The recent wildfires that devastated many U.S. communities illustrated the need for homeowners to make sure their insurance policies provide adequate coverage to repair or replace a disaster-damaged dwelling.
Too often, people buy a homeowners policy and then forget about it, never bothering to see if the payout amount has kept pace with construction costs, said Charlie Porter, an insurance agent in Menlo Park, Calif. “It’s something people generally don’t think about,” he said. “They think, ‘I have coverage, so I’m good.’ That is not true.”
In 2009, the California-based United Policyholders consumer group surveyed people who had been through wildfires that burned half a million acres and destroyed more than 1,500 homes in Southern California during 2007. About 70% of respondents said they were underinsured.
Don’t expect to be bailed out.
If your policy doesn’t provide enough coverage to fully restore your dwelling, you can’t count on assistance from the federal government. That’s because an increasing number of natural disasters has challenged the ability of the Federal Emergency Management Association to keep pace with the need.
If you’re left holding a large home repair bill, you won’t be able to convince your insurance company to bridge your coverage gap. It’s your legal responsibility to make sure your homeowners policy is adequate.
Sean Scott, a fire restoration contractor and the author of The Red Guide to Recovery, recommends having two contractors estimate what it would cost to rebuild your home before you choose a policy amount.
“I would also ask for an estimate of what building code upgrades might be required, along with an amount for debris removal and demolition,” Scott said. “Having this information will give you the ability to tell your agent how much coverage you want instead of the agent using some generic cost-per-square-foot formula that often leaves people underinsured.”
Don’t buy too much coverage, either.
While people tend to underinsure, it’s possible for people to buy too much homeowner coverage. Some consumers mistakenly assume that they should be covered for an amount equal to their home’s value on the real estate market. What they don’t realize is that the land the home rests on won’t need to be replaced after a fire. Your goal should be to have enough money to repair or your dwelling, not purchase another home.
To make sure your homeowners policy remains adequate over time, it’s a good idea to monitor construction costs periodically. Although building costs are more stable than home prices, they can fluctuate, based on the price of labor and materials. It’s a good idea to consult a local builder or restoration expert.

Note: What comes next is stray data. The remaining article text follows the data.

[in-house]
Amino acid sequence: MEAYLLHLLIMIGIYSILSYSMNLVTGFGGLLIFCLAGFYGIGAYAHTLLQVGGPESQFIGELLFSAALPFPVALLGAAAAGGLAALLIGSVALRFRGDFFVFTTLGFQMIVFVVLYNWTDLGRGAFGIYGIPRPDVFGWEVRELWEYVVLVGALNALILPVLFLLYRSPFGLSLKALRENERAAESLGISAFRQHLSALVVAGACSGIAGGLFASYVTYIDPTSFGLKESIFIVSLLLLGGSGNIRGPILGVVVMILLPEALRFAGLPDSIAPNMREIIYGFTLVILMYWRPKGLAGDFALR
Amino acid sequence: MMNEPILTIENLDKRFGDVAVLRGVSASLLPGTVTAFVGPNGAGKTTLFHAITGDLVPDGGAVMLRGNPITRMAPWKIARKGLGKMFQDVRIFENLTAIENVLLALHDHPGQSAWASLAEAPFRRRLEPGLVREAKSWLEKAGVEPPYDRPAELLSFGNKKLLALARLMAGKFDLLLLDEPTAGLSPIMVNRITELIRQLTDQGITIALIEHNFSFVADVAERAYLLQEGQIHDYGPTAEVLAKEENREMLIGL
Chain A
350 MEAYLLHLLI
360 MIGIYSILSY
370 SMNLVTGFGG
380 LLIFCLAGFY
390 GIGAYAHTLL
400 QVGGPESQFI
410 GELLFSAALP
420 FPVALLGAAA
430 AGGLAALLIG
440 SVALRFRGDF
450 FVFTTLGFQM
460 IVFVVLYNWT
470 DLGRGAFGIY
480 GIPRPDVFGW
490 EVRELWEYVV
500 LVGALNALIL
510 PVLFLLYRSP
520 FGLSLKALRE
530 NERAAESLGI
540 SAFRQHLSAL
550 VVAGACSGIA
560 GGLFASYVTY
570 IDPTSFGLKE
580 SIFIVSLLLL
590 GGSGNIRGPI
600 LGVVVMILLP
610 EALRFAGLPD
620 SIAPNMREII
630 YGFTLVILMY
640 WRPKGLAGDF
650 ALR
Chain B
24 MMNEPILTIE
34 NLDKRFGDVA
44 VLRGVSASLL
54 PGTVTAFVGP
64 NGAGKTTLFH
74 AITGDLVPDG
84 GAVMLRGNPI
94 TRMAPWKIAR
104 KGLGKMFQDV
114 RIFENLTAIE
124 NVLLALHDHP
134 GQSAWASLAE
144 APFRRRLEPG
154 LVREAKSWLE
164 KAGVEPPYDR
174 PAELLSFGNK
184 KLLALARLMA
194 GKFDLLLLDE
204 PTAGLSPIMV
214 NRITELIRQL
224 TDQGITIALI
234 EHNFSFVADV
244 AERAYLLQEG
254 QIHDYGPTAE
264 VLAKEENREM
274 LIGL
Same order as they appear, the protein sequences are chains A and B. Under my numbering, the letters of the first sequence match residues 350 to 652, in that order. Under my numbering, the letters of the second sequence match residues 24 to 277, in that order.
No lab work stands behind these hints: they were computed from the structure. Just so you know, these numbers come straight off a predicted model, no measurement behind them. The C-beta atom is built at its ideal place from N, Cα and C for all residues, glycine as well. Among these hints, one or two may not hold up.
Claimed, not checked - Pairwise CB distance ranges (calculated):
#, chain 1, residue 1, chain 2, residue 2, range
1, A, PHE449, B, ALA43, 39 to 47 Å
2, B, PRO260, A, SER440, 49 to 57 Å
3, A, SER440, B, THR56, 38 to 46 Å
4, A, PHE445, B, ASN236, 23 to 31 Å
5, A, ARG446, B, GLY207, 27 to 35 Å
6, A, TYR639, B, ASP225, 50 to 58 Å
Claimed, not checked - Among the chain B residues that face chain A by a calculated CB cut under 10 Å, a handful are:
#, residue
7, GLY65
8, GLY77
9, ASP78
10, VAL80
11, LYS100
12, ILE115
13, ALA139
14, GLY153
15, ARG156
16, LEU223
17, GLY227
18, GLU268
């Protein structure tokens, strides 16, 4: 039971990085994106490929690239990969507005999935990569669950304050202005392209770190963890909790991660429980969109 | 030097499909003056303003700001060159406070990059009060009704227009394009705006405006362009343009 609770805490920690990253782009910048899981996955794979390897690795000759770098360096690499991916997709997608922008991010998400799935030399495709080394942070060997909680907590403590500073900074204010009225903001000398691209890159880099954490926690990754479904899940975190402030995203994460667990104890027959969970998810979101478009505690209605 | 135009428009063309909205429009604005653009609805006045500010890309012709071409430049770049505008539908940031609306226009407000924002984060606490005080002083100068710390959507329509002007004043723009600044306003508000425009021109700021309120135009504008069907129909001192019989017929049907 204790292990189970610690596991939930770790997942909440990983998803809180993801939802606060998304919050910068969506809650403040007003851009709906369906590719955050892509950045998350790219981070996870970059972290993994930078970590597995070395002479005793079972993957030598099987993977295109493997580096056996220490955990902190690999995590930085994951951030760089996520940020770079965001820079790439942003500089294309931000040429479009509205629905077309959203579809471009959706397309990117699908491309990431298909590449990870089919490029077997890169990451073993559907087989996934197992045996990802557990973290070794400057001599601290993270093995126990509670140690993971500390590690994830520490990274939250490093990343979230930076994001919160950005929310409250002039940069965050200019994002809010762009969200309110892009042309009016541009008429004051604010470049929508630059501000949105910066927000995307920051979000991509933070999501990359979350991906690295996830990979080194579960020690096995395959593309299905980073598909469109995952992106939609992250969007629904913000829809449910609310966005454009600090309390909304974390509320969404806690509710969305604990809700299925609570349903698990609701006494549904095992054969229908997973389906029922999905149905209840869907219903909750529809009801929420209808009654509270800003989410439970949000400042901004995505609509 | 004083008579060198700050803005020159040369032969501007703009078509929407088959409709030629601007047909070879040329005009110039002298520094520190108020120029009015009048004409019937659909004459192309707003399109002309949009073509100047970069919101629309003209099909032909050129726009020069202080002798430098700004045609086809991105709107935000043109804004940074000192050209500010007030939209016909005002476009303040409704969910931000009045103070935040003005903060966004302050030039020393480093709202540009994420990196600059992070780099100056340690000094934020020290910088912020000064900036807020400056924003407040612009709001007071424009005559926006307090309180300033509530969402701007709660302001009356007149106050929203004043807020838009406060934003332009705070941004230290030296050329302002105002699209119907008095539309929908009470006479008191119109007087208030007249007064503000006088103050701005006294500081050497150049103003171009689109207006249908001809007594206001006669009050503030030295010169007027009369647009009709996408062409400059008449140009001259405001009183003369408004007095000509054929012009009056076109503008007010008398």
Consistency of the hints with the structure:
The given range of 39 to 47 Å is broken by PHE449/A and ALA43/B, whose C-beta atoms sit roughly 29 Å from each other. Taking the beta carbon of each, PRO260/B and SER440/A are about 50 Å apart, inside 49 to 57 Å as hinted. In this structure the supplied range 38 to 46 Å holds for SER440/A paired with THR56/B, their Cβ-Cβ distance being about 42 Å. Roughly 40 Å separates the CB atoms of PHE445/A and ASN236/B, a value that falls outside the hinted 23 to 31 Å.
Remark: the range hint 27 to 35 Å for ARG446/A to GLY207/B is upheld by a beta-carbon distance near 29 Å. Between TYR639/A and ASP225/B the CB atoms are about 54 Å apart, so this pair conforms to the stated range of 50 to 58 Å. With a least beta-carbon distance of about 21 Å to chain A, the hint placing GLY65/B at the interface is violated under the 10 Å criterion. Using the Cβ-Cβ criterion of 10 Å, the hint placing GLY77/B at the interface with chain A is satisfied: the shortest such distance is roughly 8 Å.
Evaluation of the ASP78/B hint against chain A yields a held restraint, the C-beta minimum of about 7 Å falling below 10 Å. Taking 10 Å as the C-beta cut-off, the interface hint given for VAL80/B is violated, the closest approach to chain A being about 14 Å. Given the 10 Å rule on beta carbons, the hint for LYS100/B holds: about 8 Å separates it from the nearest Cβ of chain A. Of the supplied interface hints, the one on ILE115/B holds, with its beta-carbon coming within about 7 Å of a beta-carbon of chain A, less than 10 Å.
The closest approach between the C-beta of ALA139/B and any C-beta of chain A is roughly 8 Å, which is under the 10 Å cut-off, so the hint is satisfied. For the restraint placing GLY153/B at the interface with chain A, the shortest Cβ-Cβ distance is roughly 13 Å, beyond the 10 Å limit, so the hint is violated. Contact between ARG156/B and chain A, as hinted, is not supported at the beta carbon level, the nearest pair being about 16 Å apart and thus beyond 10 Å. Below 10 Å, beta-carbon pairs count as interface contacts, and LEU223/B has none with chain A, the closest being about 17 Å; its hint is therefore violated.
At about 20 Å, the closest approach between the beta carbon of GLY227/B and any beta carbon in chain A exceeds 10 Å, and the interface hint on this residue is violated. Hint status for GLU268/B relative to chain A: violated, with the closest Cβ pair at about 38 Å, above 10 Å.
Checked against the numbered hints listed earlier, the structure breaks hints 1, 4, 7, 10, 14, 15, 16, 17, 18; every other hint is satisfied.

Find out what your possessions are worth.
It’s useful to know how much it would cost to repair or rebuild your home, but don’t forget about what’s inside it. In order to get a handle on what your stuff is worth, create a home inventory that includes items of value in every room. Write down approximately what each item cost. (A photo of each room – and its contents – is a good way to document these belongings for insurance claims. Keep digital copies somewhere you can access them away from home, such as a cloud storage service.)
A home inventory will come in handy if you ever need to file a fire insurance claim, said the Rocky Mountain Insurance Information Association. If you have valuables, such as artwork or jewelry, ask your agent about your need for an insurance rider to protect items whose value may exceed the limits offered by a standard homeowners policy.
Understand how policies work – and whom they’re protecting.
Standard homeowners insurance policies generally cover the replacement cost of your home and the actual cash value of your personal property. To determine actual cash value, adjusters factor in depreciation: A computer you bought for $1,200 five years ago may only be worth $600 now.
If you buy a full replacement policy, it will provide enough money to replace damaged possessions with ones of similar quality, without factoring in depreciation.
The Insurance Information Institute (III) says the price of replacement cost coverage for homeowners is about 10% higher than actual cash value, but it’s generally is worth the investment.
Finally, remember that if you have a mortgage on your home, your lender will usually require you to buy a homeowners policy — but you can’t rely on lending institutions to make sure your policy covers the full cost of repairing your home. Lenders generally require borrowers to carry only enough insurance to cover the amount of the outstanding loan.
Time for an annual insurance check-up.
The III recommends that at least once a year you make sure you have enough insurance to cover your dwelling and the possessions within it. It’s also important to keep your policy up to date after you’ve made renovations to your home, said J.R. Duren, a personal finance expert at HighYa.com.
“If you’ve updated your kitchen and that update increased the value of your home, then get a new homeowners insurance quote that reflects that increase in value,” Duren said.
In the end, you can’t rely on anyone else to tell you how much homeowners insurance you should buy. The amount you need is a moving target that can change from year to year. It’s up to you to determine what your comfort level is and to keep your policy updated.